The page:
Remember the puzzle of May 2011?

I had two blog entries last May about attempts to track down the mysterious Jean Mackie, author of the privately printed A Little Piece of Earth.

In Another Lost Poet, there are three poems by Jean and the story of how Alan Hill first sent me a copy of the original publication. The following week there was More about the Mysterious Jean Mackie, in which contact was made with Jean’s son Charlie.

Since then, much has happened, and I feel I know a little bit about the background to these poems. I’ve read the classic memoir by Jean’s husband, John R. Allan, Farmer’s Boy (I cannot imagine how I had missed reading this all my life). And I savoured John R. Allan’s North-East Lowlands of Scotland, which Charlie Allan reckons is his father’s masterpiece. I loved the chapter about the ballads, which connected beautifully with my own interest in these ancient narratives.  And more recently I had a splendid time reading Them That Live The Longest, by Charlie himself, which describes Jean’s son’s own childhood and fills in even more of the background.

While all this was going on, I was type-setting most of Jean’s poems in a pamphlet (rather longer than the usual ones), and Charlie was writing a biographical introduction. He also sent me copies of poems by Jean’s granddaughter, herself mentioned in one of the Jean’s poems.  Alan Dixon was generating woodcuts for the cover and Charlie was going through his mother’s papers to check whether there were more poems buried in her past (she died in 1991).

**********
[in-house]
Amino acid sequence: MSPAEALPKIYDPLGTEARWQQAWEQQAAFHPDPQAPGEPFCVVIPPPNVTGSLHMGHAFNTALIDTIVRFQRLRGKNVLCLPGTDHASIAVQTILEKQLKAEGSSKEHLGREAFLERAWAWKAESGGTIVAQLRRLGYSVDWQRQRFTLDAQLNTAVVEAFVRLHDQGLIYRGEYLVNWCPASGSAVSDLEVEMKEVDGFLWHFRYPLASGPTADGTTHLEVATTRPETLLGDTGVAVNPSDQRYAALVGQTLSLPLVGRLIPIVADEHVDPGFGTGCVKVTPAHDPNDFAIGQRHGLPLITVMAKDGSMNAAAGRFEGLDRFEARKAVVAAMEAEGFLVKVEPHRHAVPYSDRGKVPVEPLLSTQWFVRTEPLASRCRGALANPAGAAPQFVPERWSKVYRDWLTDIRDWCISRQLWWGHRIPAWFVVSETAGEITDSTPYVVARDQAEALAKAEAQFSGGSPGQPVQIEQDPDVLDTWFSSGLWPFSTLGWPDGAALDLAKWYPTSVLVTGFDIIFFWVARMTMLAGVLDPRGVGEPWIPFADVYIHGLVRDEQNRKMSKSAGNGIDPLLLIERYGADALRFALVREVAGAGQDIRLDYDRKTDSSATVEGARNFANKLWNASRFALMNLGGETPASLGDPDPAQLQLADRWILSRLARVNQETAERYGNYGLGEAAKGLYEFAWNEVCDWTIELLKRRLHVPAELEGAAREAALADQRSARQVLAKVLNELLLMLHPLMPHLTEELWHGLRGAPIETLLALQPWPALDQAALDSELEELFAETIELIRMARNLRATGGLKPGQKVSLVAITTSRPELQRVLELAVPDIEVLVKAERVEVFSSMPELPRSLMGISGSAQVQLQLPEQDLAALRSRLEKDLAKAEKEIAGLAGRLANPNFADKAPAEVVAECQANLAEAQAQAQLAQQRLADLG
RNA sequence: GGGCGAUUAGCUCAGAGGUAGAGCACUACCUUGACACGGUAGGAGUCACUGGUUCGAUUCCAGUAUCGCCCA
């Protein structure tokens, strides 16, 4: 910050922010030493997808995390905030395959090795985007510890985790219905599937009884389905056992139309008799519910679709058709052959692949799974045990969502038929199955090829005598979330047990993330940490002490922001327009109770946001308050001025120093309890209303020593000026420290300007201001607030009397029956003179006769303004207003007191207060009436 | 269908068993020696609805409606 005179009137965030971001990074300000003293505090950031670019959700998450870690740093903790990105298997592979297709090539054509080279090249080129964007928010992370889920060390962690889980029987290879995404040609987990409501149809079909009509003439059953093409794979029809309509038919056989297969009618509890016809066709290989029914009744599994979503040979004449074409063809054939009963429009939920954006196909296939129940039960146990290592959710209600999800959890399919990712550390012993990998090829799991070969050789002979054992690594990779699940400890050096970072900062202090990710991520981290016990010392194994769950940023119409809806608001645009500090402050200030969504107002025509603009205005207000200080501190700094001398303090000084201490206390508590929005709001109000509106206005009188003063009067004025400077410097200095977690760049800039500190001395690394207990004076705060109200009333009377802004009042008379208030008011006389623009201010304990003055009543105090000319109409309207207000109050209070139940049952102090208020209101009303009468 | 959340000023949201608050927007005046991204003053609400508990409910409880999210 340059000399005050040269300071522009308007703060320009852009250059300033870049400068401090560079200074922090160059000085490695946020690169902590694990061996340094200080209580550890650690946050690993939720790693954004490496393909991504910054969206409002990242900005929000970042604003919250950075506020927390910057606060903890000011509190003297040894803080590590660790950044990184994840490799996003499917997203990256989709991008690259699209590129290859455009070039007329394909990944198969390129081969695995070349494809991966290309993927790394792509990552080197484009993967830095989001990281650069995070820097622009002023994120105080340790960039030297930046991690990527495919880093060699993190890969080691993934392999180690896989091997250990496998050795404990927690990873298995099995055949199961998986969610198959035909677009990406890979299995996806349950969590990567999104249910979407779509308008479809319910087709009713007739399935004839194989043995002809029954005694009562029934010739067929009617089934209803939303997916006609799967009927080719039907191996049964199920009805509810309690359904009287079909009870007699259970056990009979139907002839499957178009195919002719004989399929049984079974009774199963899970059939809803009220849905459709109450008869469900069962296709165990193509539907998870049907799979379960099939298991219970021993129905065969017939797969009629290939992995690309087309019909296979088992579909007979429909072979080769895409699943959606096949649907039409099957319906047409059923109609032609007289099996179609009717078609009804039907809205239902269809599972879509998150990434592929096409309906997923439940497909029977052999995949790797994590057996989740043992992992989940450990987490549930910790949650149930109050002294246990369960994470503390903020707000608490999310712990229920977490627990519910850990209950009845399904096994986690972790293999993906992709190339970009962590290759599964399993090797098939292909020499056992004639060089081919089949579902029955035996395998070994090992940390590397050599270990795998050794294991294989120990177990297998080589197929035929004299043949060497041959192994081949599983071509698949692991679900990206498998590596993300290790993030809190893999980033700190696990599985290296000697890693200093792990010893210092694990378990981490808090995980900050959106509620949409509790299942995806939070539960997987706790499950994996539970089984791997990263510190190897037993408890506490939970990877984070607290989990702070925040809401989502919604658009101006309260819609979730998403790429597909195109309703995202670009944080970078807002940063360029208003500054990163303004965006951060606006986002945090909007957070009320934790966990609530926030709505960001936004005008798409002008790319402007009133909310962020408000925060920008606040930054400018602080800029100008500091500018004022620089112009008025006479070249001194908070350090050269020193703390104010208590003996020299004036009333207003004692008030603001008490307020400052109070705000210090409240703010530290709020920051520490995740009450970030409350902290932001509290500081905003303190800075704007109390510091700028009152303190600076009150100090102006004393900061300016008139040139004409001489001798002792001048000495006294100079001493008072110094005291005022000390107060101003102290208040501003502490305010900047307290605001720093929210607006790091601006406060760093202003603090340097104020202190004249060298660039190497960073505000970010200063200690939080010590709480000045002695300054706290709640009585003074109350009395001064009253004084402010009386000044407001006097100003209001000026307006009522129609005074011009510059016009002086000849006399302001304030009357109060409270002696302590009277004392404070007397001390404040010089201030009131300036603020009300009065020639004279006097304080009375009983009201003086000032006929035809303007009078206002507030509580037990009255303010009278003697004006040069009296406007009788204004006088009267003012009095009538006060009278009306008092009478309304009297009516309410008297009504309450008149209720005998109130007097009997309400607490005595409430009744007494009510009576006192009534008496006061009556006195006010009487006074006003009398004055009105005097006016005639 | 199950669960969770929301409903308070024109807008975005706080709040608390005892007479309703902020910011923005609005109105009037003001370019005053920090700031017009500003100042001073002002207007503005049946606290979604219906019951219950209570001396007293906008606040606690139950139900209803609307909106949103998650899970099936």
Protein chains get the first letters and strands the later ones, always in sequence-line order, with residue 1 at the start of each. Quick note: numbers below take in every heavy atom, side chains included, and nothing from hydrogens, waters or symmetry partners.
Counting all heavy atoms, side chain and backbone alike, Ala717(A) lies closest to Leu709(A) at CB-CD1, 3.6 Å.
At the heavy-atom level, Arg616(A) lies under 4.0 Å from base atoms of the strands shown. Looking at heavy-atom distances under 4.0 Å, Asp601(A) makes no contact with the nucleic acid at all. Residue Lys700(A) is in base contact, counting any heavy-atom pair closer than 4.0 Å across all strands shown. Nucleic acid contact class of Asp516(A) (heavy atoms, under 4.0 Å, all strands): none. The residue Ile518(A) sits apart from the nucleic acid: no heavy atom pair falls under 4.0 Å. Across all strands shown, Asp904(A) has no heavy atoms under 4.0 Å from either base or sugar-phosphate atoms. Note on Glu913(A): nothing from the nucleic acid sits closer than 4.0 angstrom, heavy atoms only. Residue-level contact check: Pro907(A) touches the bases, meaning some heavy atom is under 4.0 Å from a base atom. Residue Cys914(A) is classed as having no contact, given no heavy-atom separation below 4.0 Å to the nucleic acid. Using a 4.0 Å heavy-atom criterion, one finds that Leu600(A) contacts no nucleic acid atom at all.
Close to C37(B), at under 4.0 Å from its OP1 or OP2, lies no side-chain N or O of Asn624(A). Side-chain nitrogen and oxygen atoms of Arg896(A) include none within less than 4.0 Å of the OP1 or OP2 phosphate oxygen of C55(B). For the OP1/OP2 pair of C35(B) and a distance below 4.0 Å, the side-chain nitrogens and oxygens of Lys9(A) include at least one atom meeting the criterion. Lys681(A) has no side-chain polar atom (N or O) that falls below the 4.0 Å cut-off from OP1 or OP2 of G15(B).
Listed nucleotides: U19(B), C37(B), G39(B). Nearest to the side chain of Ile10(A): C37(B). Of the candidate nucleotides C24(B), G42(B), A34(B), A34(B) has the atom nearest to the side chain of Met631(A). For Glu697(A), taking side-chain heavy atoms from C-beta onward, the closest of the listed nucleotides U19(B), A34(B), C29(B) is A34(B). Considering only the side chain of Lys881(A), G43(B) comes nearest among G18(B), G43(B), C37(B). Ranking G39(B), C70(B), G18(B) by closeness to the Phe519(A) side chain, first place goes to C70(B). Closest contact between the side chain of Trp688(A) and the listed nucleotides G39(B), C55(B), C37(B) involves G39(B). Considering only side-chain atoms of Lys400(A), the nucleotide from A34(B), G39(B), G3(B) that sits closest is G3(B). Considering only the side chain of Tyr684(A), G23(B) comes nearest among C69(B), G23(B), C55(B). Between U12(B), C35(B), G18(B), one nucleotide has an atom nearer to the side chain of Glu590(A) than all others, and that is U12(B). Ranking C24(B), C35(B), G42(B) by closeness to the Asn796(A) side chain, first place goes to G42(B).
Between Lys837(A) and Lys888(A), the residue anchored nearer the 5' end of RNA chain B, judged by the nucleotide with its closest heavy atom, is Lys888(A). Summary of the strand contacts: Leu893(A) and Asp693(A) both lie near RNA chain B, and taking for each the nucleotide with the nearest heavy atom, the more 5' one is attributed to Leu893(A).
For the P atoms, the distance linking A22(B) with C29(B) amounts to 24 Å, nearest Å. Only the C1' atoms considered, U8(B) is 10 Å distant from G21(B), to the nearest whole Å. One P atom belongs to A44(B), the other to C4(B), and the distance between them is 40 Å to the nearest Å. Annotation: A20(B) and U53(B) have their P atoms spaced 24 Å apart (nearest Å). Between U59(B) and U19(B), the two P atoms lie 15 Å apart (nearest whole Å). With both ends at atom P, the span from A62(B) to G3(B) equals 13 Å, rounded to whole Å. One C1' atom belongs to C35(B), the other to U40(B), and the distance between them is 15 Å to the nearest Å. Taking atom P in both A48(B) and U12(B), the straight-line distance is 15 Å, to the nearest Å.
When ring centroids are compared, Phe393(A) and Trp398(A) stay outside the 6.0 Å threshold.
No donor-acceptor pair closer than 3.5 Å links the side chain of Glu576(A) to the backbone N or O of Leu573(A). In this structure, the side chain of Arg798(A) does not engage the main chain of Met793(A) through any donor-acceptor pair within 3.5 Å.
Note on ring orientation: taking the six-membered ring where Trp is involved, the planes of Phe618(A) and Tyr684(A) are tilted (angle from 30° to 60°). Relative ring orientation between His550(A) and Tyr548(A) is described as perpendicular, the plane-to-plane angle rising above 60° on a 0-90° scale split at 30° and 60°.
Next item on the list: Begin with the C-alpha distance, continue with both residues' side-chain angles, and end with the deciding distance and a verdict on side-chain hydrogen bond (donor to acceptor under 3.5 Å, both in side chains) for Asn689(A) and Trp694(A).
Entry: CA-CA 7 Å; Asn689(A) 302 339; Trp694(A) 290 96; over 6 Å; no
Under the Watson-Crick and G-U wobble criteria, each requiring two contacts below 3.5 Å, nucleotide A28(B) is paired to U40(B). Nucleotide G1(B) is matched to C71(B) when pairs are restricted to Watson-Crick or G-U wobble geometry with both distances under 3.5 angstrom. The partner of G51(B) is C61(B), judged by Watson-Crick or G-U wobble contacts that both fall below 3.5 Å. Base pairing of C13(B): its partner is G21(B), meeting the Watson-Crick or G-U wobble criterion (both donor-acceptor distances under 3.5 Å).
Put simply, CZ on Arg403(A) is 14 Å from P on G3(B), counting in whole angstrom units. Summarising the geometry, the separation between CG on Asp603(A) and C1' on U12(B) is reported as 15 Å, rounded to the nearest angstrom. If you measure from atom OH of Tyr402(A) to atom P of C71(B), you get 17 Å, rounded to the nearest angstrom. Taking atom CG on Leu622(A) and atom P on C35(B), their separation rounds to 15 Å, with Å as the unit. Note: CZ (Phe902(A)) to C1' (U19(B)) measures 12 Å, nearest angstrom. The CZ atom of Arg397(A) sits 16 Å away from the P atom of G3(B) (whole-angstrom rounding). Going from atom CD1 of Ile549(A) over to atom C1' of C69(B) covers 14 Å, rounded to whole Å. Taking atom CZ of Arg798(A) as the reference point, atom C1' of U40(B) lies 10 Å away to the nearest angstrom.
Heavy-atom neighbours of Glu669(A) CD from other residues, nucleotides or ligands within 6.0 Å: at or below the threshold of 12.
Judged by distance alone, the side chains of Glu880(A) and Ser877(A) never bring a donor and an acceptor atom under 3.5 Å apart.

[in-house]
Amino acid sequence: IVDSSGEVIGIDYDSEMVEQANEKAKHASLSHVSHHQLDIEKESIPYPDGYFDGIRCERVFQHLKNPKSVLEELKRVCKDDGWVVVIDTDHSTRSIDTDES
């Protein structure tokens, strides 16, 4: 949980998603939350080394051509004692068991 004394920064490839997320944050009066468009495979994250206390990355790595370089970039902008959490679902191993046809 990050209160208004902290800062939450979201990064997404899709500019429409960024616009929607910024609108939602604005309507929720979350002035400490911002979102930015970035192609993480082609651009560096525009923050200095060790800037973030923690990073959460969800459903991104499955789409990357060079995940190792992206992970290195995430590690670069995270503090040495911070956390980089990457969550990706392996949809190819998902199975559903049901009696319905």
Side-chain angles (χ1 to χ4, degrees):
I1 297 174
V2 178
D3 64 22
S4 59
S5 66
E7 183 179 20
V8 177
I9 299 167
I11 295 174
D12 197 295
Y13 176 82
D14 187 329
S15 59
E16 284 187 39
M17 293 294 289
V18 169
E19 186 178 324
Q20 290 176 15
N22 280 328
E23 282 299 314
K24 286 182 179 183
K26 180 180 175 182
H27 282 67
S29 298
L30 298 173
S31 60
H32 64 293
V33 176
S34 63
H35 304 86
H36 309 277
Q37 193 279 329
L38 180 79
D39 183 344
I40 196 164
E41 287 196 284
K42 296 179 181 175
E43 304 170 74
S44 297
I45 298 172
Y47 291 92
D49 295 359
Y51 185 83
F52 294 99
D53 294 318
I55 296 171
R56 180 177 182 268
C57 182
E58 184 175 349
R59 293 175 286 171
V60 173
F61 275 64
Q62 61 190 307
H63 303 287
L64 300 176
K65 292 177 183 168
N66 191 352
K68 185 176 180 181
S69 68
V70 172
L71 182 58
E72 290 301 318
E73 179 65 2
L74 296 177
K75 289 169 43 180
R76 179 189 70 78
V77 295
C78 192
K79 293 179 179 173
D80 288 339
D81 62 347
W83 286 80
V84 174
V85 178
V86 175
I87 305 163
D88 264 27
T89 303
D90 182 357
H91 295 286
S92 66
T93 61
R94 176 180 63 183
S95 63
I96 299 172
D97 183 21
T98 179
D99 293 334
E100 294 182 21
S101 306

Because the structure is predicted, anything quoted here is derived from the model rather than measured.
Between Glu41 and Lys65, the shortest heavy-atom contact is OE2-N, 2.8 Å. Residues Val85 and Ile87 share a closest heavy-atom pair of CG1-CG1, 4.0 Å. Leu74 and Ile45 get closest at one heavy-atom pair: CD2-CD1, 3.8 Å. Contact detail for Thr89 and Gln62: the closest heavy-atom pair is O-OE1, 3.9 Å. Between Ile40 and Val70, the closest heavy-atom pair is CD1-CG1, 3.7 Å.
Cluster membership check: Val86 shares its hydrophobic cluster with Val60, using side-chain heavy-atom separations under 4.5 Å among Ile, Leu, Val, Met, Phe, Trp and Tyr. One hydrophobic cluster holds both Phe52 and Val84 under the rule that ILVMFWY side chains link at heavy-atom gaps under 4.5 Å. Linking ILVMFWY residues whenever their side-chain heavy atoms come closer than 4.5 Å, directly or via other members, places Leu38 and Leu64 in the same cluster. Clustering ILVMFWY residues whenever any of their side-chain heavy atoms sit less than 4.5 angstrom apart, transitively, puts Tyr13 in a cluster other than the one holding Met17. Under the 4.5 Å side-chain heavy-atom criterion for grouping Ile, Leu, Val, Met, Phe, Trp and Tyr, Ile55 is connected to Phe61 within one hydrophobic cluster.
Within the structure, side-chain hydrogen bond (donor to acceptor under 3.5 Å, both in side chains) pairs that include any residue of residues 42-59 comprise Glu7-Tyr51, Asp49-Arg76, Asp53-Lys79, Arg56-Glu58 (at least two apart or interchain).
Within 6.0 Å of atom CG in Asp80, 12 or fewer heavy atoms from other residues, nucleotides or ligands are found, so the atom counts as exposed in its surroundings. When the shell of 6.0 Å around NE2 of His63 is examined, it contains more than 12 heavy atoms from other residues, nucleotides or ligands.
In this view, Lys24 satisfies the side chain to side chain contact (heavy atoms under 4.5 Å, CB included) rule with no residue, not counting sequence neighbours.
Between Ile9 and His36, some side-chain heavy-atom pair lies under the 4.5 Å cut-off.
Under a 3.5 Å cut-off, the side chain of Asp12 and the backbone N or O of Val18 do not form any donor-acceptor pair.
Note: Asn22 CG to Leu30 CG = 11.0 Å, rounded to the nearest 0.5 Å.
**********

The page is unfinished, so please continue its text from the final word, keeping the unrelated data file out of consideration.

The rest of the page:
There were no more poems. The set that appeared under the title A Little Piece of Earth were a late flowering. As a teacher, and lecturer in drama, and journalist, she rejoiced in the printed word and loved poetry all her life, but she hadn’t always written her own. These poems seem to have been a sudden outburst, a response to the alarming process of suddenly finding herself . . . old.

When I was going through the endless process of checking the pages, setting the poems, moving this and that a hair space or so, I kept reading the poems. As I did so, the pages kept blurring because of the tears in my eyes. These are not all perfect pieces of literature (a few are outstandingly good), but each contains beautifully turned fragments, or wry asides, or attributes that are wholly personal to their author. They are extremely moving. Three poems by Jean’s granddaughter, Susie Malcolm, are included as an insert.

One mystery remains. The quotation from which the collection took its title is in the original, and I have added it to the HappenStance publication. But I haven’t managed to source it. I don’t know whether it’s from a poem or perhaps a popular saying. It could even be something a member of the family was known to have said. But if anybody recognizes it, please let me know:

Some ants carry their young
And some go empty
And all to and fro a little piece of earth